I don’t think any tropes apply, in fact, I think the movie portrays something quite opposite of any type of trope.  I think they do a good job of using the realistic rhetoric in this movie and make the characters’ disabilities something that could be a downfall in certain situations, but also show the positive impact their disabilities could have (i.e. Nemo’s “disability” also makes it easier for those searching for him to find him; also Dory is the character that remembers the address Nemo can be found at).

I think these characters are extremely complex, and their disabilities do not define them in the slightest.  While you may be able to tell they have disabilities from seeing/talking to them, that is not something that defines them.  There is no pity painted in this film and change is not expected of these characters with disabilities.  These characters send the message that everyone is different, everyone has something about them that makes them even a little bit diverse.  I think my favorite scene is when Nemo is at school and is questioned about his fin and all the other students say the little things that make them different or even insecure at times too (sea urchin is H20 intolerant, squid has one shorter tentacle, etc.)  This movie does a great job of making disability something that should be in every film, because that is the reality of this world.  You shouldn’t have to have a character in a movie have a disability just so it can be highlighted/ pitied or in need of change; instead you should have a character with a disability just to have a character with a disability because that’s what “normal” is.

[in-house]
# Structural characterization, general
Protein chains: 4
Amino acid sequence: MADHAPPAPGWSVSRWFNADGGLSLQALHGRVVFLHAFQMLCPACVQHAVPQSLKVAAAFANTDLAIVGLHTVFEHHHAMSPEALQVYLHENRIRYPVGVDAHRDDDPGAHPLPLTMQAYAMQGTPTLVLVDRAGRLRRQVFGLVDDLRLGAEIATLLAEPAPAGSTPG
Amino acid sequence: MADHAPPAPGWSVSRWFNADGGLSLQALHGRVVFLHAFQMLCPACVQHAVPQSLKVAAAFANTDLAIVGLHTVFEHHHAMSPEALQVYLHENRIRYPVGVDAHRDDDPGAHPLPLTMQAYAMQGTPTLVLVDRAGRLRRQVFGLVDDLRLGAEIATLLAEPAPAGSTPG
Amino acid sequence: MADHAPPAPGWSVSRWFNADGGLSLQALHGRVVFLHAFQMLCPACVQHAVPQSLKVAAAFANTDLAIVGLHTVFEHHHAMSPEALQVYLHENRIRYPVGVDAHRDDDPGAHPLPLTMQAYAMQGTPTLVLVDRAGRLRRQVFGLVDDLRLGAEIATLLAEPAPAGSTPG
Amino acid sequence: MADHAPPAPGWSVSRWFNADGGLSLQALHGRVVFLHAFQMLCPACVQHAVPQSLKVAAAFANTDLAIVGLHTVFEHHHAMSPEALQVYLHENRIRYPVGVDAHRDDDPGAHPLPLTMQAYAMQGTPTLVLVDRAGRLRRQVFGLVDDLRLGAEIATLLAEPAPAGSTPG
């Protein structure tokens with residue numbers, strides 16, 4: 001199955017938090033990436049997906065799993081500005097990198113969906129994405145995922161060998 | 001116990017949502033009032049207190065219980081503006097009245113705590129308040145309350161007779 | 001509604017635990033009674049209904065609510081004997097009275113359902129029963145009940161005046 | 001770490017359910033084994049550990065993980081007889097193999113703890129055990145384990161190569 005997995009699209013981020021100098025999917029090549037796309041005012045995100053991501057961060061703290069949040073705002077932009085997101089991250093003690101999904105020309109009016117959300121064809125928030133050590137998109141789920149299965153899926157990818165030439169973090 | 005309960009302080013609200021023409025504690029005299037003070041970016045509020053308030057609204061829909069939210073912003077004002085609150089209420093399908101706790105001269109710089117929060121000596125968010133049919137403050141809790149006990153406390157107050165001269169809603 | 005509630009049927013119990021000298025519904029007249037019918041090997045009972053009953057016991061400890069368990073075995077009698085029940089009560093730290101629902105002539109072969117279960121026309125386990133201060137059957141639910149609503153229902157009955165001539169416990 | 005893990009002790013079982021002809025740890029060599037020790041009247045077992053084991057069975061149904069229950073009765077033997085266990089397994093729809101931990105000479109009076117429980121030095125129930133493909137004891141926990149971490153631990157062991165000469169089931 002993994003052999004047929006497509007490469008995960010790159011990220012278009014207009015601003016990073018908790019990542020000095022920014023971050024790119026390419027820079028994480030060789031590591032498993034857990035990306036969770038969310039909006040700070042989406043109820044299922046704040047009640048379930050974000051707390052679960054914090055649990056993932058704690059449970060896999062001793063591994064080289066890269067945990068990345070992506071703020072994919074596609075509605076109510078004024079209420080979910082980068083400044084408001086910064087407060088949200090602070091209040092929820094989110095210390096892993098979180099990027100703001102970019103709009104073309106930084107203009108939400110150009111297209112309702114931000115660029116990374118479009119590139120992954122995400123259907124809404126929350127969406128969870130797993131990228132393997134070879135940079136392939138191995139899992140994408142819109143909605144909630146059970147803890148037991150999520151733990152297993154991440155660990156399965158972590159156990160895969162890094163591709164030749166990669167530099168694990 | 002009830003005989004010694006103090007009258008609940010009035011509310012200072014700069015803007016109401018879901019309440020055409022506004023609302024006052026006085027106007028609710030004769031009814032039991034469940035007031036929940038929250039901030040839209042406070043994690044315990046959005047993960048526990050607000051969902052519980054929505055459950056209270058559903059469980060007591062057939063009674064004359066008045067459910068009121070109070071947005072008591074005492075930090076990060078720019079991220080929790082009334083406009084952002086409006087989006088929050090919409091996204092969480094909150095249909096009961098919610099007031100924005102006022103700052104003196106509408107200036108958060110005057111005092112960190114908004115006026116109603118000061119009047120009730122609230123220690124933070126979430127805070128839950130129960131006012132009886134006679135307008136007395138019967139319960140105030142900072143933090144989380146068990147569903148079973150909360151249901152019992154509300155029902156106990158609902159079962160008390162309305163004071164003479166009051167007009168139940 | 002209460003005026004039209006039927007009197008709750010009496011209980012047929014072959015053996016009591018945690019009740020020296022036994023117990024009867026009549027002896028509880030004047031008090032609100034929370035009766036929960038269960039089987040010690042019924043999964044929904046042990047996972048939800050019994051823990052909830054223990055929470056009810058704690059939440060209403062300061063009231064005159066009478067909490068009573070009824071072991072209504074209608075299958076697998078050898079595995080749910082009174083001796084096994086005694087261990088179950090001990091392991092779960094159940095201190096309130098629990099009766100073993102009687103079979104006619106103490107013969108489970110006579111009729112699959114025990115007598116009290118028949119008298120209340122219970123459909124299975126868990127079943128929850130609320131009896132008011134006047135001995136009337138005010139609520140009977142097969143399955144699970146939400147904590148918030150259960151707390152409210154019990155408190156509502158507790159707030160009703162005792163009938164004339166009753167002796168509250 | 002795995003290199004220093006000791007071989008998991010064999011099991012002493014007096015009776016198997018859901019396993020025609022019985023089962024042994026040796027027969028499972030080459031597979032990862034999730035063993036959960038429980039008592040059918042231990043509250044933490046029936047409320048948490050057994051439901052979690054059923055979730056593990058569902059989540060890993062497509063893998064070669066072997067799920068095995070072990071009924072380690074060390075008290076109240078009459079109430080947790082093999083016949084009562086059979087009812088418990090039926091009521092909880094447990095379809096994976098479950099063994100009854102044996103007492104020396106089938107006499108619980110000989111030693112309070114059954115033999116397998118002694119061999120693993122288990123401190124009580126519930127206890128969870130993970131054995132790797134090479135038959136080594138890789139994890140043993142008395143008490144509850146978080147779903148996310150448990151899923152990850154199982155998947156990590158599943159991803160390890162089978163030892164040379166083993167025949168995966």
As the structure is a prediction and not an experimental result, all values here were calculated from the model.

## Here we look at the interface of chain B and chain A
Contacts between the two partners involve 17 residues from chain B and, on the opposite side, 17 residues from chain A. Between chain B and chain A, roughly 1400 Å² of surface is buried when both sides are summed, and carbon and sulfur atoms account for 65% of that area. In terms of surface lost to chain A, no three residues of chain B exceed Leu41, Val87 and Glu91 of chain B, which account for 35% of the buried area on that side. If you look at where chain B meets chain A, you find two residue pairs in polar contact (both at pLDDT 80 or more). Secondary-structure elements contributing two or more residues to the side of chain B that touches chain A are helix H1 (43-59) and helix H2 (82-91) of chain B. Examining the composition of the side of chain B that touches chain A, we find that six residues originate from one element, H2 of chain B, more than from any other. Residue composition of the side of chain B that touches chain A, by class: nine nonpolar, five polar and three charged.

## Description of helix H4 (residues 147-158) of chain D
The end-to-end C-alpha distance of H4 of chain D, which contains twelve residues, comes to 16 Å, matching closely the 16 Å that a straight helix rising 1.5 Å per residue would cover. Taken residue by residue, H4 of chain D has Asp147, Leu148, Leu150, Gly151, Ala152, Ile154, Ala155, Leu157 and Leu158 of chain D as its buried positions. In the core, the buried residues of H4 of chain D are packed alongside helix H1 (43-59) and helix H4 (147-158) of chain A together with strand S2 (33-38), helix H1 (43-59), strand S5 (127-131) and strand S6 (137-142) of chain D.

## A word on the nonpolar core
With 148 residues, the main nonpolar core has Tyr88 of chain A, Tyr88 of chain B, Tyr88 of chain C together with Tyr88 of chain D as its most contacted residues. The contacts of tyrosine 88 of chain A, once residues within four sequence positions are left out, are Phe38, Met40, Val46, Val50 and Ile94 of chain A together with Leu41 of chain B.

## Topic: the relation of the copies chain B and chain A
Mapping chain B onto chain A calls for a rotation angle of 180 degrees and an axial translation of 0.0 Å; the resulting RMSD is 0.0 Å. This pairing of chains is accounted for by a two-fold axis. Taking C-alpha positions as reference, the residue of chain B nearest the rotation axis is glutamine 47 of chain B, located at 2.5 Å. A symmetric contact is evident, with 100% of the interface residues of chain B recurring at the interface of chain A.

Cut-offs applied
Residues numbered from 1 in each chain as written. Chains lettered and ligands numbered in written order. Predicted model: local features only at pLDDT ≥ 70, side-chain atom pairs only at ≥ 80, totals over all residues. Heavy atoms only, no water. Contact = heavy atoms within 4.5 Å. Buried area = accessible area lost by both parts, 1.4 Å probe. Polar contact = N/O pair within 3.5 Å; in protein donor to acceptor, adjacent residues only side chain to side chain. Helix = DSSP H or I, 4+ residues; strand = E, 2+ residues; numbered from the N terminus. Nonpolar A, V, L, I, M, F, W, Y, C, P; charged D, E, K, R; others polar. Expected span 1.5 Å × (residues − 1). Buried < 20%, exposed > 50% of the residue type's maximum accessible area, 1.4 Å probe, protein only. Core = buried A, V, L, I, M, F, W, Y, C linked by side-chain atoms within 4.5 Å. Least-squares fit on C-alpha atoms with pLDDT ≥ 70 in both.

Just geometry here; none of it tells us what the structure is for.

Blog #4 ABLEISM + ABILITY PRIVILEGE

I think one can be unintentionally ableist because that’s just how our society is set up.  People with disabilities are unintentionally discriminated against all the time solely based on the structure of buildings, schools, offices, etc.  There are so many events, even on campus, that are ableist because they are inaccessible to certain types of disabilities.

I think ability privilege is the advantage you have as a temporarily able-bodied person.  There are many benefits that come along with this, and usually we just don’t even think about them as benefits, since we are just used to it because we aren’t disabled.  I think you encounter it in your everyday but just don’t notice it because it’s the norm.  I never have to worry about how I’m going to get to class on a snowy day or how I’m going to go on a field trip to a Phillies game.  When I’m looking for jobs I know my ability won’t be question, however, people with disabilities will be questioned about accommodations and potentially could be denied work because of their disability.

I don’t think I ever really considered ability privilege before because it was never really talked about.  I feel like issues of race and religion take precedence over ableism.  I honestly was never exposed to disabilities until I came to this school.  I never really knew anyone with a physical disability before either and therefore never had to question anything of my ability.